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Explain, in complete sentences, how you would use the substitution method to solve the following system of equations.
 one year ago
 one year ago
Explain, in complete sentences, how you would use the substitution method to solve the following system of equations.
 one year ago
 one year ago

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itsjustme_lolBest ResponseYou've already chosen the best response.1
2x – y = 5 x + 2y = 15
 one year ago

AylinBest ResponseYou've already chosen the best response.1
Are you familiar with the substitution method?
 one year ago

itsjustme_lolBest ResponseYou've already chosen the best response.1
sorta, not very good in math
 one year ago

AWarnBest ResponseYou've already chosen the best response.0
Solve either of the equation for x and then substitute that value for x into the other equation.
 one year ago

AWarnBest ResponseYou've already chosen the best response.0
Take the second equation and solve for x: x=152y then substitute this into the first equation. You get 2*(152y)y=5 then solve for y.
 one year ago

AylinBest ResponseYou've already chosen the best response.1
Ok. I'm not going to give you the specifics for your problem, but I can tell you what to do generally. When you have a system of equations, in order to solve via the substitution method you first isolate one of the variables in one equation. So for example if you had this as a system:\[ax+by=c\]\[dx+ey=f\]we could start by isolating x in the first equation:\[x=\frac{ by }{ a }+\frac{ c }{ a }\]Then you just take that and plug it into x in the other equation:\[d \times (\frac{ by }{ a }+\frac{ c }{ a })+ey=f\]And then you just solve that equation for y. And then once you know what y, you just plug that back into \[x=\frac{ by }{ a }+\frac{ c }{ a }\]and that gives you x also. Does that make sense?
 one year ago

itsjustme_lolBest ResponseYou've already chosen the best response.1
thats still confusing..:( im sorry..
 one year ago

AylinBest ResponseYou've already chosen the best response.1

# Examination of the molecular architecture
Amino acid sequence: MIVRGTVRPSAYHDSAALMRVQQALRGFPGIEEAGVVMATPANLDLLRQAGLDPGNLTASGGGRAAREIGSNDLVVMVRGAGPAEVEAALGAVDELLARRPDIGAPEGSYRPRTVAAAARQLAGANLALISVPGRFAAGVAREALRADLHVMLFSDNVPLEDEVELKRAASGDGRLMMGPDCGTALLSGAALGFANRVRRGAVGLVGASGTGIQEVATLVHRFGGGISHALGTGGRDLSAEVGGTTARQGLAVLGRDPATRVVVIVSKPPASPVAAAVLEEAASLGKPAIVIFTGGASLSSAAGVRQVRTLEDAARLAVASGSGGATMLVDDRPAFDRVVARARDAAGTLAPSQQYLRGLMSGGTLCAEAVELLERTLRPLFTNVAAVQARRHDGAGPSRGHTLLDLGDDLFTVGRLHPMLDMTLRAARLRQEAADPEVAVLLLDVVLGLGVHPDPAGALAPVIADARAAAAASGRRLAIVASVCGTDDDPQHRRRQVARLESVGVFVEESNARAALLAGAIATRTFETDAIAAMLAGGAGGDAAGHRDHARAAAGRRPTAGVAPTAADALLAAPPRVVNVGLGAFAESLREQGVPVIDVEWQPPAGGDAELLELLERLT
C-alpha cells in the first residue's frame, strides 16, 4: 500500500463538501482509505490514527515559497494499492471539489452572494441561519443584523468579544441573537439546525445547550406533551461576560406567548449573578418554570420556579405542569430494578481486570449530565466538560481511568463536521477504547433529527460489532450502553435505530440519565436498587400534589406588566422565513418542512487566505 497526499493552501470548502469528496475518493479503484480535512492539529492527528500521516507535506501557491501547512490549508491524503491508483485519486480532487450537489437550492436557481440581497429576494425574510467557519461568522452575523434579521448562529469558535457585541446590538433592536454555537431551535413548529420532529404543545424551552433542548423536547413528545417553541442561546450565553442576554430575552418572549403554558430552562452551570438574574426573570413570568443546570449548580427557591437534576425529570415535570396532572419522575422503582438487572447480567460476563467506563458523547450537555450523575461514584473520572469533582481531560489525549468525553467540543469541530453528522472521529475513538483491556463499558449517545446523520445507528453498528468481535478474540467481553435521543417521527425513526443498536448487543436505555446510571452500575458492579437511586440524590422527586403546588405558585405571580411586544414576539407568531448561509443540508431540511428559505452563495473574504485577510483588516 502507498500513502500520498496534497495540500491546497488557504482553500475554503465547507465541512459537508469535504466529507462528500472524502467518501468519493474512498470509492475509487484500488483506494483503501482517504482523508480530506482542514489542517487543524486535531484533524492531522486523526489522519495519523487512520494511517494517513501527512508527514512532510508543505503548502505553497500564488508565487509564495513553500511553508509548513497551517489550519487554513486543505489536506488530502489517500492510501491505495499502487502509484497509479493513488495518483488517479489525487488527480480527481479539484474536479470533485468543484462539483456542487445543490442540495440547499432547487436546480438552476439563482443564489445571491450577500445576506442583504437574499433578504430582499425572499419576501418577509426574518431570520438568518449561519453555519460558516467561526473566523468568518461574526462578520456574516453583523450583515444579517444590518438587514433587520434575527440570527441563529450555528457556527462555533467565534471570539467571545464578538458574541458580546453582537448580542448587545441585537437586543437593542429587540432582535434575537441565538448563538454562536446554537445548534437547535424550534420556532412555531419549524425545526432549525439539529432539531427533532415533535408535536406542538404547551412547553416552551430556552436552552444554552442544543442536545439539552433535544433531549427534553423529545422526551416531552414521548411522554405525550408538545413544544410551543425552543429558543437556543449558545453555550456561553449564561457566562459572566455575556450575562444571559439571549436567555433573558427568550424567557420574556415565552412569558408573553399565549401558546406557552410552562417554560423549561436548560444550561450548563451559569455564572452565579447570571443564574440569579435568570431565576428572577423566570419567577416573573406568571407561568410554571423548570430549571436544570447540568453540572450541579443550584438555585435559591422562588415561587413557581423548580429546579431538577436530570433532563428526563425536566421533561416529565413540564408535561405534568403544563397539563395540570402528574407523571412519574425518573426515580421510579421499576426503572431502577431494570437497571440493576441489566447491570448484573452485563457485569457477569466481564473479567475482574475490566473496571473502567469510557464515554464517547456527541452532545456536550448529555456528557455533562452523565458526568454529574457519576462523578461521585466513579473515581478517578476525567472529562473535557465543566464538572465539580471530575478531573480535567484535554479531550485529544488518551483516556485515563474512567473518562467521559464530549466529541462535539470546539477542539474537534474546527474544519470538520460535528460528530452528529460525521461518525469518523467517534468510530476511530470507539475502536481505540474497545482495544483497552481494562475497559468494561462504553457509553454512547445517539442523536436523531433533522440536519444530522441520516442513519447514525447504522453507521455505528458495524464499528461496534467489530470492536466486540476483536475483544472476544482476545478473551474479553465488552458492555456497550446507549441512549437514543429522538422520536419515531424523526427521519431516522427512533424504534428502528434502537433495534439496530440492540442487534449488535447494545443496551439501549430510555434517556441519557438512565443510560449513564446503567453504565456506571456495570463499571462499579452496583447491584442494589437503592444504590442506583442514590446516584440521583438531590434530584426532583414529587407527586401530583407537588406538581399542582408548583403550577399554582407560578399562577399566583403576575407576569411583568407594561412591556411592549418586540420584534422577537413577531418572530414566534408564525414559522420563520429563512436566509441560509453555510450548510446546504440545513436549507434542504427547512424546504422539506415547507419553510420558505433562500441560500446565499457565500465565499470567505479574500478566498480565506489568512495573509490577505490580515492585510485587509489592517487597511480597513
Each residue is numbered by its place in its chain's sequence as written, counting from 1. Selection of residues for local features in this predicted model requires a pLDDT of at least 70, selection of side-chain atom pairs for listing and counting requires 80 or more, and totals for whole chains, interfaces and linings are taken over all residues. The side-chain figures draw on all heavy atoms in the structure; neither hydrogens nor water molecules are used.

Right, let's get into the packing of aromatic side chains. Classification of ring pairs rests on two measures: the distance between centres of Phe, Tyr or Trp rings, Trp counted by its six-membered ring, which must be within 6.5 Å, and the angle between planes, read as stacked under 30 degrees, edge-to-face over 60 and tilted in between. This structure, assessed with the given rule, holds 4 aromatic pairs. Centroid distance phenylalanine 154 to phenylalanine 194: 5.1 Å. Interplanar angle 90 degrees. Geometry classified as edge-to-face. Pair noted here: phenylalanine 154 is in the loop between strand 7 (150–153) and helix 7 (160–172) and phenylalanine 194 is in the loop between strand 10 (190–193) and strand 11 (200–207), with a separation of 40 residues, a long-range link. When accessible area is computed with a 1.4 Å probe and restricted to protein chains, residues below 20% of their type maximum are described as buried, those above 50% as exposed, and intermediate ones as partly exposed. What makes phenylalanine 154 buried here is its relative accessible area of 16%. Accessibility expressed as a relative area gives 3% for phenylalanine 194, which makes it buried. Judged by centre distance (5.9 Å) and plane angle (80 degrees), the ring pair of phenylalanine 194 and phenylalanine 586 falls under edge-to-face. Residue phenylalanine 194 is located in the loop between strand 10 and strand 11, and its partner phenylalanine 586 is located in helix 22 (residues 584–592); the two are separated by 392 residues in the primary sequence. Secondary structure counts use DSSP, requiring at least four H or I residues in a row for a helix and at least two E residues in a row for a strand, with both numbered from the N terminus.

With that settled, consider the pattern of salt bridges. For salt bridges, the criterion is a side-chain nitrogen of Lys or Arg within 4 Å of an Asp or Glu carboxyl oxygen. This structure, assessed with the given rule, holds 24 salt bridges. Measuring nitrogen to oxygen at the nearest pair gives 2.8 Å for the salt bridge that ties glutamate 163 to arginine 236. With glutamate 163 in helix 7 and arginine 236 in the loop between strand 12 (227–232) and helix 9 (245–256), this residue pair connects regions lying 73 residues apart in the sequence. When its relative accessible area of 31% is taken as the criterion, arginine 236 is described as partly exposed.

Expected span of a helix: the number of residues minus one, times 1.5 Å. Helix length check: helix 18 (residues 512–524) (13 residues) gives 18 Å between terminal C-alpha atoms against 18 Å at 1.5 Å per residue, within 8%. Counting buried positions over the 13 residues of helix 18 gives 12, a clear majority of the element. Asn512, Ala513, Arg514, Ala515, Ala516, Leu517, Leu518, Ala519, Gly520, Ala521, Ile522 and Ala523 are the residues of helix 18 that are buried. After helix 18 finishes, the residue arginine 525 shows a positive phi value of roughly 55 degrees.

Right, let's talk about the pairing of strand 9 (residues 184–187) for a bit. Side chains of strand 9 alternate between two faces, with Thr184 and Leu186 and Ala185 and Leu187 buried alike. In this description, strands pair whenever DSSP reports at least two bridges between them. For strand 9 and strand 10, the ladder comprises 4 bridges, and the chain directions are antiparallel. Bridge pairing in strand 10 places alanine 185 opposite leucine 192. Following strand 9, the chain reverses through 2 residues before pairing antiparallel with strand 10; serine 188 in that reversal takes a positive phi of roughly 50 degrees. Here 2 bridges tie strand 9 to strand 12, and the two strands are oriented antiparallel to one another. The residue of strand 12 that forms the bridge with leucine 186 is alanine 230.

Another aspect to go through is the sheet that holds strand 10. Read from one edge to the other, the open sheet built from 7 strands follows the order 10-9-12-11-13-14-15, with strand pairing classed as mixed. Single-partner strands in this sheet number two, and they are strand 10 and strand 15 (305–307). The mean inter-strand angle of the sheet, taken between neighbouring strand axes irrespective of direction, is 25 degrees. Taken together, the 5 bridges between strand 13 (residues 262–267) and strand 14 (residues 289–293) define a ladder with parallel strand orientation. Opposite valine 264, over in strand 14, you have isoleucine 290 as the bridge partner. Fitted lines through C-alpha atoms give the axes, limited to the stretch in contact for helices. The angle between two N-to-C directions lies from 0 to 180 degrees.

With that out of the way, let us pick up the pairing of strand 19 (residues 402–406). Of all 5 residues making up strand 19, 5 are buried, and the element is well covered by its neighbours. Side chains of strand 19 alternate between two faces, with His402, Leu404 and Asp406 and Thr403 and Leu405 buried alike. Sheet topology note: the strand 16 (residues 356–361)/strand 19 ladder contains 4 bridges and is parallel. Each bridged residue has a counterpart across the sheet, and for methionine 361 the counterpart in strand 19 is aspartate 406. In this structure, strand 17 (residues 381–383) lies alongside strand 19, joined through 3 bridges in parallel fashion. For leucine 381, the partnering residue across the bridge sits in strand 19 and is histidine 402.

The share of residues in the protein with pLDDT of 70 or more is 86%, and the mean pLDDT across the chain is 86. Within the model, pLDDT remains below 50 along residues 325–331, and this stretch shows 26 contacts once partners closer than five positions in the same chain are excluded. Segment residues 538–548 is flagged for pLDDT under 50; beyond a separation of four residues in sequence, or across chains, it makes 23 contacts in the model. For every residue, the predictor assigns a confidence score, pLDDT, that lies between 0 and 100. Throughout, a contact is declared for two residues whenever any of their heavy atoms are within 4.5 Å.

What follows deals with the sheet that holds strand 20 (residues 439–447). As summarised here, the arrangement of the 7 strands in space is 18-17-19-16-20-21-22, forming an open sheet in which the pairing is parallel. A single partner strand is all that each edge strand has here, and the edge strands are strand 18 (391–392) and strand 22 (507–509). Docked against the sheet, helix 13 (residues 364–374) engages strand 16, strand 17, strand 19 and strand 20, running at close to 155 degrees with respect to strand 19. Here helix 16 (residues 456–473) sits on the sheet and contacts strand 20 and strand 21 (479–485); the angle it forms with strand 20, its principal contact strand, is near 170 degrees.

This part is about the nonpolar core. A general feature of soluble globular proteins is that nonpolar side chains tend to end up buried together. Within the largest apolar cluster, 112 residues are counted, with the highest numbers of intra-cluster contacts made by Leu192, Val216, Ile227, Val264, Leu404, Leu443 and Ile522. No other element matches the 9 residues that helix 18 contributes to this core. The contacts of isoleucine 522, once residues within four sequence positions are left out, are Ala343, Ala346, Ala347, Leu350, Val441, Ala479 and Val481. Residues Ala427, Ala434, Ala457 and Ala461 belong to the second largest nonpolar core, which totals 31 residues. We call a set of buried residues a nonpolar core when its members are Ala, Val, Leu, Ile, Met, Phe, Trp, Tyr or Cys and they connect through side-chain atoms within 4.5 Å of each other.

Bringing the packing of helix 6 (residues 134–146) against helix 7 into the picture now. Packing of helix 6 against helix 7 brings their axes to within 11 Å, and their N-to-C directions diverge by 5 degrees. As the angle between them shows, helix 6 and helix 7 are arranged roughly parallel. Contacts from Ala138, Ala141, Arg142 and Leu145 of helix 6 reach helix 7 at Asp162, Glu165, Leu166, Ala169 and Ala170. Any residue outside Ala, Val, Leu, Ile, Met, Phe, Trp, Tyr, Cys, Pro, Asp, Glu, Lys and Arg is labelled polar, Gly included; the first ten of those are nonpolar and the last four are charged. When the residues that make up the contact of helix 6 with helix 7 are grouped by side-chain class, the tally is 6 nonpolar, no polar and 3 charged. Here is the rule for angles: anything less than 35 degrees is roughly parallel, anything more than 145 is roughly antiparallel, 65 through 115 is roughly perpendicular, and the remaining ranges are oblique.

That's ok. How 'bout I show you an example that's similar to your problem?
 one year ago

ktnguyen1Best ResponseYou've already chosen the best response.0
Solve for y in the 1st equation and plug y value in the 2nd equation. Or, solve for x in the 2nd one and plug that x value in the 1st.
 one year ago

AylinBest ResponseYou've already chosen the best response.1
So say we have the following system:\[3xy=7\]\[x+4y=1\]So the first step is to isolate one of the variables in one of the equations. I'm going to choose to isolate y in the first equation, since that looks easy. So now I would write:\[3x3xy=73x\]\[1 \times (y)= 1 \times (73x)\]\[y=3x7\]In a sentence, I would say that I chose the first equation, subtracted 3x from both sides of the equal sign, and then multiplied both sides by 1. Then in the second equation instead of y, I would substitute in this new value we found for y:\[x+4(3x7)=1\]\[x+12x28=1\]\[13x28+28=1+28\]\[13x=29\]\[x=\frac{ 29 }{ 13 }\]Again in a sentence I would say that I substituted the value of y I found using the first equation into the second equation and then expanded, which resulted in x+12x28=1. Then I would say that I added 28 to both sides and then divided by 13 in order to find x. So now we know what x is, but what is y? Well, remember that equation we found for y in terms of x earlier? We just plug our x value into it and that will give us y, like so:\[y=3(\frac{ 29 }{ 13 })7\]\[y=\frac{ 87 }{ 13 }\frac{ 91 }{ 13 }\]\[y=\frac{ 4 }{ 13 }\] Does that clear it up for you?
 one year ago
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